For Reynolds and Hastert, the Foley plot thickens

The NRCC chairman's chief of staff reportedly tried to persuade ABC to bury Foley's instant messages; the Washington Times calls on Speaker Hastert to resign.


Tim Grieve
October 3, 2006 7:26AM (UTC)

Maybe the House Republican leadership weathers the Mark Foley crisis. But there are developments on two tracks tonight that suggest it may be harder for either National Republican Congressional Committee chairman Tom Reynolds or House Speaker Dennis Hastert to get through this scandal than we would have thought just a few hours ago.

Let's take Reynolds first. Reynolds learned of Foley's e-mail exchange with a 16-year-old page in the spring of 2006, early enough to follow up with an investigation and -- if it revealed anything troubling -- insist that Foley drop his reelection campaign. Instead, it appears that Reynolds did nothing with his knowledge about Foley except pass it along to Hastert together with what Hastert calls "other things that might have affected campaigns." Two things to note here: In failing to do something more about Foley, Reynolds failed to protect other pages and failed in his job of trying to get Republicans elected and reelected to the House. If Foley is gone in the spring, his GOP replacement has a decent shot at winning in November; with Foley forced to leave the race late instead, his name remains on the ballot, and as House Majority Leader John Boehner is now conceding, the Republicans have virtually no chance of holding onto his seat.

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We knew all of that hours ago. Here's the new part. As we noted earlier today, ABC's Brian Ross has told the Washington Post's Howard Kurtz that a strategist for Foley tried to cut a deal with him last week: Ross doesn't disclose the sexually explicit instant messages Foley sent to pages, and the strategist gets Ross an "exclusive" on Foley's resignation. Thanks to AMERICAblog's John Aravosis, we know now that that strategist was Kirk Fordham.

Who is Fordham? He's a former chief of staff for Foley who is currently the chief of staff for Reynolds. Reynolds, it seems, lent Fordham's services to Foley to help him navigate his way out of the page scandal. And what does that mean? It means, as Glenn Greenwald explains, that "the top aide to one of the Republican House leaders, as recently as last Friday, tried to suppress the most incriminating and important facts regarding this scandal. Isn't that the very definition of 'cover-up'?"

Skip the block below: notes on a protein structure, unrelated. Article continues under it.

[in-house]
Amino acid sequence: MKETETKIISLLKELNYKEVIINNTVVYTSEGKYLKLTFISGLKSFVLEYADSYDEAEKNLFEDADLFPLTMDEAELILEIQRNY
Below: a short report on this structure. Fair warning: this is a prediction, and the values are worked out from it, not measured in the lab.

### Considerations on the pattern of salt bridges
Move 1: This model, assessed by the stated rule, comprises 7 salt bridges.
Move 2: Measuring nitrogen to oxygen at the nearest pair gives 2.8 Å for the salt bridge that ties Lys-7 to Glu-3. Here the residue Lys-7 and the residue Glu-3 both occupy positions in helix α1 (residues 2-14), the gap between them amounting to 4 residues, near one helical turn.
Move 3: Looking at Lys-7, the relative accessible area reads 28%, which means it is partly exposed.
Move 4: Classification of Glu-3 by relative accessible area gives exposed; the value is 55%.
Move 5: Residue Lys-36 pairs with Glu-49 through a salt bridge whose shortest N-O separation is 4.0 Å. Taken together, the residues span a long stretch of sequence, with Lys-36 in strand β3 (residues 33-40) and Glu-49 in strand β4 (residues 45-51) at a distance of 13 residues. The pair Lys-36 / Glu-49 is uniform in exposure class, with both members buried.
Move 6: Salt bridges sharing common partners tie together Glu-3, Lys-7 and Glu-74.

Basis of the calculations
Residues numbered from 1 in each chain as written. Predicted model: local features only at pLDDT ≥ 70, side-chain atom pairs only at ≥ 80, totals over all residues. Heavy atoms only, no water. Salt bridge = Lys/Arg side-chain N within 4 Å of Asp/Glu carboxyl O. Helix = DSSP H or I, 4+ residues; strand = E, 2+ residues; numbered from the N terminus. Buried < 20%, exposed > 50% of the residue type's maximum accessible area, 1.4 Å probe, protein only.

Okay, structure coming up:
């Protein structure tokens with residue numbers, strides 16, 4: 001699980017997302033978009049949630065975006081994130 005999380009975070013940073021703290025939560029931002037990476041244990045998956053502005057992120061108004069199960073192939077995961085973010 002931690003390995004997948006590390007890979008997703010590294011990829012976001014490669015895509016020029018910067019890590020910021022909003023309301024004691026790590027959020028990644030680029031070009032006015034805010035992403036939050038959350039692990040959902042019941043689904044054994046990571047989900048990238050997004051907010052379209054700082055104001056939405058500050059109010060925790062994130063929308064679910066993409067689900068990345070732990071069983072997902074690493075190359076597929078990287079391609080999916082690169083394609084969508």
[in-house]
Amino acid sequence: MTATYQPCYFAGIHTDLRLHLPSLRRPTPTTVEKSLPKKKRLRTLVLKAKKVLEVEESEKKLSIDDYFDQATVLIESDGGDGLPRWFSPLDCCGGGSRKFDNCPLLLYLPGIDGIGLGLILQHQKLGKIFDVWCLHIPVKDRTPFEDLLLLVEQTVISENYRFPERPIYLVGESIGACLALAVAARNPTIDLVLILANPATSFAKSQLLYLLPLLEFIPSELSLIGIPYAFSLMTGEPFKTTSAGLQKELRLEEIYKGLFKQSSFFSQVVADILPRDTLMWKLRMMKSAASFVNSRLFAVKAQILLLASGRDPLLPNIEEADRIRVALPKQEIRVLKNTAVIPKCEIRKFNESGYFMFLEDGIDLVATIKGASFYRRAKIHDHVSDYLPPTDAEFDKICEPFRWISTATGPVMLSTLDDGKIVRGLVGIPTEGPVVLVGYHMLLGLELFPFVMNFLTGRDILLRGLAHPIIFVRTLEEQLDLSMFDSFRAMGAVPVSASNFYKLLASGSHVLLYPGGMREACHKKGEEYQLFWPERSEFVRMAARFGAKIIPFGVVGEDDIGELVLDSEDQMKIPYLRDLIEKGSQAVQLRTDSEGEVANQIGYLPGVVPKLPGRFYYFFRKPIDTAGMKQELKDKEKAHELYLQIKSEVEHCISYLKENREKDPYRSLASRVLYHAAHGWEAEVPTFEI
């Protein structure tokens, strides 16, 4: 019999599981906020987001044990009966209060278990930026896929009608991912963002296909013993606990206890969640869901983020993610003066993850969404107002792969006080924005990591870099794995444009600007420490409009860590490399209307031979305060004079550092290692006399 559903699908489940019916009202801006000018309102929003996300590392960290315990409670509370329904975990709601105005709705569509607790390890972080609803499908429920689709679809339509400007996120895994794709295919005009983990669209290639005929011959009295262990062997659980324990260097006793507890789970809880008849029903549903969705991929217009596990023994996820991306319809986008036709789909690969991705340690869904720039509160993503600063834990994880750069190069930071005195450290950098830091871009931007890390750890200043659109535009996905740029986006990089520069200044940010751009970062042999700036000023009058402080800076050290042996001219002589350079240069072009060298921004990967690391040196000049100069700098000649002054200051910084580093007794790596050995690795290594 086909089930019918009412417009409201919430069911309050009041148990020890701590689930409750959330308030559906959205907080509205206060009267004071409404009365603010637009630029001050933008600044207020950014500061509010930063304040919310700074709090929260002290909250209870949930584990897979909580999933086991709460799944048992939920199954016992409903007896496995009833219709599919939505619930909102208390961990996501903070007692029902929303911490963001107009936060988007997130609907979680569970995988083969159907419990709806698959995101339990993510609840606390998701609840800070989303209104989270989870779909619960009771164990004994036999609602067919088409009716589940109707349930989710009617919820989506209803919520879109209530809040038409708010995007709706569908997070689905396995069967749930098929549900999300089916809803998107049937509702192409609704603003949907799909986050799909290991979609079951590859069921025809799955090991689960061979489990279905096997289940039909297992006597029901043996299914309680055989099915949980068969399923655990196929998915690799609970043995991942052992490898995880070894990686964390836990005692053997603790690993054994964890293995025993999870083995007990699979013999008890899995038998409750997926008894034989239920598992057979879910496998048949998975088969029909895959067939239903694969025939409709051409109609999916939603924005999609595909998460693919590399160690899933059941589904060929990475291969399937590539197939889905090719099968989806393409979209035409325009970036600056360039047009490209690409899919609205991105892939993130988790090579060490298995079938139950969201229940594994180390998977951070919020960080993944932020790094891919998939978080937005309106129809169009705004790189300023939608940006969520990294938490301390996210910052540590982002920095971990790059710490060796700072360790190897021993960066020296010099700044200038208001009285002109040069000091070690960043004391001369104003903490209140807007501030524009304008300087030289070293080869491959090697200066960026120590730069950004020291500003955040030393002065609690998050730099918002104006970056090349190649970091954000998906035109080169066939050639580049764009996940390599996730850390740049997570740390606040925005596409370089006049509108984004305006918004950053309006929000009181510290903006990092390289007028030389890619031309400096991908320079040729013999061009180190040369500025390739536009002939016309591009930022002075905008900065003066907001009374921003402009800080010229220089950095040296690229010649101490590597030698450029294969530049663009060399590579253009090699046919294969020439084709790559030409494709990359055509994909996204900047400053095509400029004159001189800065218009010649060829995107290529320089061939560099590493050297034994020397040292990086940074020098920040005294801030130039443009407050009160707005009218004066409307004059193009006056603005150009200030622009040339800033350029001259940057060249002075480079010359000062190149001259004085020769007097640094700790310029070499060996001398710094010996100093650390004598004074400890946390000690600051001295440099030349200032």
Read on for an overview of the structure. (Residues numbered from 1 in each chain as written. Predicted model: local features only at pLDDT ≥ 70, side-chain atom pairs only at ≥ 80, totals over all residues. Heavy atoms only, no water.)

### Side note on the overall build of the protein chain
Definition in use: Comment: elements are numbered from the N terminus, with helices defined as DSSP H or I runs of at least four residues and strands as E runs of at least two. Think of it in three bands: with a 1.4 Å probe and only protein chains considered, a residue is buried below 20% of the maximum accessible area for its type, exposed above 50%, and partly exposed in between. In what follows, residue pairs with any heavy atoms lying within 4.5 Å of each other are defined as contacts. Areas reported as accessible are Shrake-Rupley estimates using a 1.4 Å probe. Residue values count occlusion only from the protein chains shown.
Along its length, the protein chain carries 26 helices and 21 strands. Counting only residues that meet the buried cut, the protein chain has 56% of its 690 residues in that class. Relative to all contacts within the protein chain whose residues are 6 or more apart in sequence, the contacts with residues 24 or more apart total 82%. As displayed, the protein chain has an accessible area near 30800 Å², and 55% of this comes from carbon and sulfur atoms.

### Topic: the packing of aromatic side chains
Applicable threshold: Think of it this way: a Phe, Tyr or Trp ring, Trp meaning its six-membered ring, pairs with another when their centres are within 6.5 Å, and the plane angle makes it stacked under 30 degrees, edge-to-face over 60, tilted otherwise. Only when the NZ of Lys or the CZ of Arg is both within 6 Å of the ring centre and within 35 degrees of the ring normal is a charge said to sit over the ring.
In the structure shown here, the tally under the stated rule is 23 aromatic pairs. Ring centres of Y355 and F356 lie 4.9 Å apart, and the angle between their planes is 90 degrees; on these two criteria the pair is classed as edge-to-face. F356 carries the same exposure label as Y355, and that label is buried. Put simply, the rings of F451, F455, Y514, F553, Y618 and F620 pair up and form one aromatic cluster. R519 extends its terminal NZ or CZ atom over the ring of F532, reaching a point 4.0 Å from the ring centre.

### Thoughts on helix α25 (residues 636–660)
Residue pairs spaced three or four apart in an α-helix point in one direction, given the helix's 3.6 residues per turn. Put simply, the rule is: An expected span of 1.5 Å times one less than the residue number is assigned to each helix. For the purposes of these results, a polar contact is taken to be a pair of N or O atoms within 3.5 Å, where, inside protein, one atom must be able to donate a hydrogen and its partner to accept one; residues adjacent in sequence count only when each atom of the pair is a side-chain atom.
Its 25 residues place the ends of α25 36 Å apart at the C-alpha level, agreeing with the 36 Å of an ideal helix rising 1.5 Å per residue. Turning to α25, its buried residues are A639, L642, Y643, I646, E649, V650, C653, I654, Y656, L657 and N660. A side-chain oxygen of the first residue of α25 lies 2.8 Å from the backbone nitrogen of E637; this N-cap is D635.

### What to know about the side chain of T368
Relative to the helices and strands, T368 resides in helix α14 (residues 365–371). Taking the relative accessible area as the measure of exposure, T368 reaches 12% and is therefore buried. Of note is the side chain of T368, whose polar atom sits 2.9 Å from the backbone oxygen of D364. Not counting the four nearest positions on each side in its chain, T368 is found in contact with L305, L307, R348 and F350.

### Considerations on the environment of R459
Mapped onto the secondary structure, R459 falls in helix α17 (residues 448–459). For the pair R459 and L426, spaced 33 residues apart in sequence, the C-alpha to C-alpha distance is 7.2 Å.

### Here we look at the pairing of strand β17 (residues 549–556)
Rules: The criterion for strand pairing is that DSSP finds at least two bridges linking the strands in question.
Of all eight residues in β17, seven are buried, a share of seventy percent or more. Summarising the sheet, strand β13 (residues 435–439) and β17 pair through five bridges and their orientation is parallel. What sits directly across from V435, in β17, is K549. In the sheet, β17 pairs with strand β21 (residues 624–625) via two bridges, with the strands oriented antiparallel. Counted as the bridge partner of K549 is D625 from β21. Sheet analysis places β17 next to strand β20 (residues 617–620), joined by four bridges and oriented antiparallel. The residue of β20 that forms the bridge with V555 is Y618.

Indeed, it is. And Tuesday in Washington, Reynolds will have a whole new round of questions to answer about what he knew of his chief of staff's role in it.

And now for Hastert. The speaker acknowledges that Reynolds may have told him about Foley's e-mail exchange in the spring but says he just doesn't remember it. In an unusually mocking retort, CNN's Andrea Koppel told Hastert this afternoon, "This is the kind of thing, I've got to tell you, if somebody told me that a senior congressman was sending, perhaps, 'over-friendly' e-mails to a 16-year-old page, I'd remember." Hastert's pathetic response: "I'm just saying that I don't remember him telling me that." Pressed at another point today to explain why Republicans didn't do more when they first learned of Foley's problems, all Hastert could say was, "Would have, could have, should have."

Hastert might have bettered his lot if he'd put on some sort of bravura, take-charge performance today. But as night fell in Washington, right-wing pundit Bay Buchanan was saying that Hastert had "failed the parents of this country," and conservatives like Michael Reagan and Richard Viguerie were calling for his resignation. Now it's getting worse. As Matt Drudge is reporting -- and, if the flashing police light is any indication, doing so with some degree of enthusiasm -- the right-wing Washington Times will call for Hastert to step down in Tuesday's paper. "House Speaker Dennis Hastert must do the only right thing, and resign his speakership at once," Drudge quotes the Times as saying. "Mr. Hastert has forfeited the confidence of the public and his party, and he cannot preside over the necessary coming investigation, an investigation that must examine his own inept performance."

Neither Drudge nor the Times can force Hastert to leave, of course. And aside from marginalized GOP dissenters like Walter P. Jones and Christopher Shays, House Republicans who are talking about the need for "dramatic" steps seem to be referring so far to ideas like abolishing the House page program. But at some point, Karl Rove, Ken Mehlman and a House full of nervous Republicans may decide that they can't bear to have any more days like today between now and the midterm elections -- especially if it looks like already unhappy "values" voters might respond to it all by staying home in droves on Nov. 7. If that moment comes, look for Hastert to leave the speaker's office as quickly as he came to it during another Republican sex scandal eight years ago.

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Tim Grieve

Tim Grieve is a senior writer and the author of Salon's War Room blog.

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